US Financial Bond: Voya Financial’s US$500m trust securities
You can call it a peach of a deal – in fact they did. Voya Financial sold US$500m of pre-capitalised trust securities in March, calling the 10-year note offering Peachtree Corners Funding Trust, in honour of the famous street running through Atlanta, home of the insurer.
With US$1bn of orders, the deal found buyers from a variety of corners. Pricing was Treasuries plus 185bp, with a 3.976% coupon.
For financials, the notes present a new source of contingent liquidity, especially during hard times.
It was the second such offering of these securities by a life insurance company, a new structure devised by Credit Suisse. Prudential Financial was the first to market in 2014, when it sold US$1.5bn of the notes also through the Swiss bank.
The key selling point for a financial such as Voya is flexibility in using proceeds and quick access to capital.
David Pendergrass, Voya’s treasurer, said: “This gave us an opportunity to go ahead and raise capital – really at a time we didn’t need capital, which is opportunistically exactly when you want to raise capital.”
He said that Credit Suisse was “very persistent” because it was touting a unique structure. “It took a lot of hand-holding and explanation” and it was over a year from start to launch.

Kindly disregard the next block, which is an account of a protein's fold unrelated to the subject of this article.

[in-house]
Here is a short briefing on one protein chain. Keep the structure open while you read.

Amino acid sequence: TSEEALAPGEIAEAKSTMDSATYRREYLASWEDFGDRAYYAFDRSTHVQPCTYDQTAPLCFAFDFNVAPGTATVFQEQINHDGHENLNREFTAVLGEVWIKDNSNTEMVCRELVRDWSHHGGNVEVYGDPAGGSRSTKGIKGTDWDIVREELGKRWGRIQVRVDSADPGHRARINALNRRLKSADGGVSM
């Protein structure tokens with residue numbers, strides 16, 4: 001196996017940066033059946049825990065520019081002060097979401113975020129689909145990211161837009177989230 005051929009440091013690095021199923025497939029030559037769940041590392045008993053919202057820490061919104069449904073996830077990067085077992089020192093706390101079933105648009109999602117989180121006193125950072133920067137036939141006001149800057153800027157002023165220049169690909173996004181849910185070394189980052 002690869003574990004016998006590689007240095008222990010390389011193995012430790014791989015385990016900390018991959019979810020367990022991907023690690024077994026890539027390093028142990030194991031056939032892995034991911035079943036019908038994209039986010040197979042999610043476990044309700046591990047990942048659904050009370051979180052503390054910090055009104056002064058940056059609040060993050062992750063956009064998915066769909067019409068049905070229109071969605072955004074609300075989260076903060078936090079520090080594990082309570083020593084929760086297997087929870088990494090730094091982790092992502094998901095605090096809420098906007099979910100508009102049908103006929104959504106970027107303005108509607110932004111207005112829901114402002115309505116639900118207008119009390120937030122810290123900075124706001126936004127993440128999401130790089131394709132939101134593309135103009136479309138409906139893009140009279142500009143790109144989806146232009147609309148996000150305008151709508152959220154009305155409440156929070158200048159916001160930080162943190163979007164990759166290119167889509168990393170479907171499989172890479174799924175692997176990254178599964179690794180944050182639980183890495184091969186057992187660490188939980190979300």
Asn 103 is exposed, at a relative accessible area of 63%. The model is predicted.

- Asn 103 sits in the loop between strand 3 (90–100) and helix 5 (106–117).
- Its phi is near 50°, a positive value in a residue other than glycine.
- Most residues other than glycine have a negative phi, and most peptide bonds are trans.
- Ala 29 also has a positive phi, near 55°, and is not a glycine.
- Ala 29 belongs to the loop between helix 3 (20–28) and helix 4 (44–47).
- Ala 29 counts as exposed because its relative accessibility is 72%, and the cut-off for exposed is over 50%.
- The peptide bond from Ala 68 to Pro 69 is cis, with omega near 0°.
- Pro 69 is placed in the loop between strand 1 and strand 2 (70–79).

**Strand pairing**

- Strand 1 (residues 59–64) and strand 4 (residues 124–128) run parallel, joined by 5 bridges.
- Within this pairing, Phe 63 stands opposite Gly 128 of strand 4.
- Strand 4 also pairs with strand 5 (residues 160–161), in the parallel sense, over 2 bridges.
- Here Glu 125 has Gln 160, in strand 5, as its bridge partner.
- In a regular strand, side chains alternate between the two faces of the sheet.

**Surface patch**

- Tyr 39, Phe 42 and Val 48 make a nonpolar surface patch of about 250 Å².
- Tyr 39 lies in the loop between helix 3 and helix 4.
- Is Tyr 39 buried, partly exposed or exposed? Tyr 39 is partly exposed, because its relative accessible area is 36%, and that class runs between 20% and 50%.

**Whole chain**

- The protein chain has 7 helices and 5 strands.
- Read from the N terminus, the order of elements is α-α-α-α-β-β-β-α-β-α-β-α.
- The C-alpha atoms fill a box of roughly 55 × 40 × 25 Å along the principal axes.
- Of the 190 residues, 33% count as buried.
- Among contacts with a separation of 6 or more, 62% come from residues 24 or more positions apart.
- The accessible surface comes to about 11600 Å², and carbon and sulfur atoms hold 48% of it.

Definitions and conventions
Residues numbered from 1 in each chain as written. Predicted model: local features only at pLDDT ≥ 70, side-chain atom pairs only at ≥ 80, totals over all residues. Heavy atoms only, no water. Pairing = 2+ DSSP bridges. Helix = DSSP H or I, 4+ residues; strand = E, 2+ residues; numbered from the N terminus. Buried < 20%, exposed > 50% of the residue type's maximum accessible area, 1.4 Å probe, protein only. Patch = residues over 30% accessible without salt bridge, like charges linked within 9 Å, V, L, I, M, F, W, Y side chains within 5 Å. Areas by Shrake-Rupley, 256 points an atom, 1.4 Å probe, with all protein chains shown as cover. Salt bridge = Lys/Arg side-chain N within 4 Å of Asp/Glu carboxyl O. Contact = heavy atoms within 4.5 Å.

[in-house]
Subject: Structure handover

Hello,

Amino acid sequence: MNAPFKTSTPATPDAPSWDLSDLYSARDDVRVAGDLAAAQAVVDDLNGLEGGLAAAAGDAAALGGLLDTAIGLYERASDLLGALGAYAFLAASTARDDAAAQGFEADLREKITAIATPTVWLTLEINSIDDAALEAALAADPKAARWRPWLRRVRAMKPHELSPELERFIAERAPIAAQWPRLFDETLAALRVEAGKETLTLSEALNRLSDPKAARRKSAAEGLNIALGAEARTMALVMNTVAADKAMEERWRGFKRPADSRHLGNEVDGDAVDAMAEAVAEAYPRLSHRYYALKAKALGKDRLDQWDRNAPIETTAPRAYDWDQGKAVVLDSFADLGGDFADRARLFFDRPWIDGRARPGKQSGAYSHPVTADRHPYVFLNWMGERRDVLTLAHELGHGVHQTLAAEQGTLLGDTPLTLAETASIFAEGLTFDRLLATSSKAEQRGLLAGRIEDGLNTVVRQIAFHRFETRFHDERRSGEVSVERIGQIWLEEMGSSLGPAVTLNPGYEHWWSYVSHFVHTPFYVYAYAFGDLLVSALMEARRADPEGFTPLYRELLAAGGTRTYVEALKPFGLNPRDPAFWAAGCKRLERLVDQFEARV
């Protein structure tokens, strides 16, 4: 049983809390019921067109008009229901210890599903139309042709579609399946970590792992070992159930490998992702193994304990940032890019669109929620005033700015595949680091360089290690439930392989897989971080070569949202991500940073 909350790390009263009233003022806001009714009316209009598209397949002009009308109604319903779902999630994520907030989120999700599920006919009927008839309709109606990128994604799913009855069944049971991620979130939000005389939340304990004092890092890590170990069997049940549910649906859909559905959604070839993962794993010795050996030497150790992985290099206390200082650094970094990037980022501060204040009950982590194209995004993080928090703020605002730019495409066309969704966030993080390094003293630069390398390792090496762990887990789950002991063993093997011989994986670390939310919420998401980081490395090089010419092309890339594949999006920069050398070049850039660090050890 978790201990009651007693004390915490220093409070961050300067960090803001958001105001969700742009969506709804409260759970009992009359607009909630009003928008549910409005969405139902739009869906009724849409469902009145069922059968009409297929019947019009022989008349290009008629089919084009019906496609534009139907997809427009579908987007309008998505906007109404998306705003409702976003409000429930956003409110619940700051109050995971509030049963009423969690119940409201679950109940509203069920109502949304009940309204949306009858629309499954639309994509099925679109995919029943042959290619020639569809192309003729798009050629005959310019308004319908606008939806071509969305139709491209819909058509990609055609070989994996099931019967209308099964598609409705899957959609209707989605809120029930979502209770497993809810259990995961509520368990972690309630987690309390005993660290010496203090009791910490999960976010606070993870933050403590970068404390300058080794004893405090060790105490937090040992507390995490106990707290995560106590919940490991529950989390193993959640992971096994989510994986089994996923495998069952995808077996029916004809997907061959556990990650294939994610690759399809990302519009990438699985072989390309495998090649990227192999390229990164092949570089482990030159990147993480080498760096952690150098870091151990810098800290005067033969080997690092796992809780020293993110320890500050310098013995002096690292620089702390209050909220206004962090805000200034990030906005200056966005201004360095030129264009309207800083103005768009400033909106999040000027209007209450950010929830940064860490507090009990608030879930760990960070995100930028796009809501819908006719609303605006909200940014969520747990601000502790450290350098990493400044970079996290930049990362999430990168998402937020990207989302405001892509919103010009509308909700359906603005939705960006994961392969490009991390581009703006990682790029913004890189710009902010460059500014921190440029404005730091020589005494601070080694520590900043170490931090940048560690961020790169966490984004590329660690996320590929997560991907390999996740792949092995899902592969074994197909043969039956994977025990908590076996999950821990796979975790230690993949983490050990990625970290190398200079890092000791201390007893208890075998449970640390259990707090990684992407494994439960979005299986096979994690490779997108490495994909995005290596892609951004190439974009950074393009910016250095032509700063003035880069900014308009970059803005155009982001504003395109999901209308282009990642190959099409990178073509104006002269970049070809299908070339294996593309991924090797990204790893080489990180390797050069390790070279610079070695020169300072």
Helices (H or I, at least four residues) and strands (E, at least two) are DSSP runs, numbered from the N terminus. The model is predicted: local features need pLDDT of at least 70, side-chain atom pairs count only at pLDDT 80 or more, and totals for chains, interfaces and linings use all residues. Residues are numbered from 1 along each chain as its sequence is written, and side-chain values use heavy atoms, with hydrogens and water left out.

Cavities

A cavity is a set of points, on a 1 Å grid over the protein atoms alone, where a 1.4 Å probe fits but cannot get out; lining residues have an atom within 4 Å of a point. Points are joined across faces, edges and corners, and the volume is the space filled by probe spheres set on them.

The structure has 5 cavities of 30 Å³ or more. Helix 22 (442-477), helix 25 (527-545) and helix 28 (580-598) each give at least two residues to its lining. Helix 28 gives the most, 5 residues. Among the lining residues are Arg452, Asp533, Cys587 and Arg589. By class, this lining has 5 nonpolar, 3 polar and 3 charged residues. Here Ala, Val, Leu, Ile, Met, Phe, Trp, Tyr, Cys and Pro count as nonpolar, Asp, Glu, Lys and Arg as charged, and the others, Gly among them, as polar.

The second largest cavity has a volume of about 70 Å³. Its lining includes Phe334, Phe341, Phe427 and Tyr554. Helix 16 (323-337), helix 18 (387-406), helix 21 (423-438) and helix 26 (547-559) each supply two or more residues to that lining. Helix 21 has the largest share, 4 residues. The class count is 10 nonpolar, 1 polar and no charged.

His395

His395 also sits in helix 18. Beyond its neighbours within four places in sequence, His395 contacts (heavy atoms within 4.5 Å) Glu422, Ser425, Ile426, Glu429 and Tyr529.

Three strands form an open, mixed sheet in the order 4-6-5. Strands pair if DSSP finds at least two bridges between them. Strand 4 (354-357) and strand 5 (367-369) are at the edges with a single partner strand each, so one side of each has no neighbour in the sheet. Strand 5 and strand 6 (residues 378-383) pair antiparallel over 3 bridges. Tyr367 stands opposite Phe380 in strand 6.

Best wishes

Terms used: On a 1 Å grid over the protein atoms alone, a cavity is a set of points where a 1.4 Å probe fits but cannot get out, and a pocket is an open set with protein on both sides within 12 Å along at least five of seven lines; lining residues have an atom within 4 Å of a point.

“Execution was very good,” he said. “It was oversubscribed on a day that was rocky in the marketplace.”
Pendergrass said the deal was viewed as credit-positive by the rating agencies because the capital was pre-raised. Proceeds were invested in Treasury strips matching the payment date. The issue was rated Baa2/BBB.
Harking back to the financial crisis, Pendergrass said that traditional credit sources, such as bank lines of credit, are not a guarantee. Even traditional debt offerings can be unwieldy and may not get the same favourable treatment by the raters, he noted.
Arvind Sriram, a director in DCM solutions at Credit Suisse, said: “This is the product of the future.”
It offers an alternative to traditional lines of credit, he noted. The economics for bank revolvers are not the same as they were pre-financial crisis.
“It came down to a win-win situation,” Pendergrass said. “We got it down to where it was extremely cost-efficient.” There was a cost, he said, but it was manageable.
The trust allowed the company to reallocate some investments into longer-term and more illiquid securities, generating income that would help cover the premium paid to the P-cap noteholders, he said.
And others in the industry have taken notice.
“Because it is so flexible in what it can be used for and because it is off the balance sheet, it would appear that it would make sense for a lot of the companies in our industry,” Pendergrass said. This industry may have unanticipated needs to raise capital or tap liquidity for a variety reasons, including credit and macro-economic events, and this structure allows companies to do both.
“I think it is likely you see will see more of these deals next year in the industry,” he said.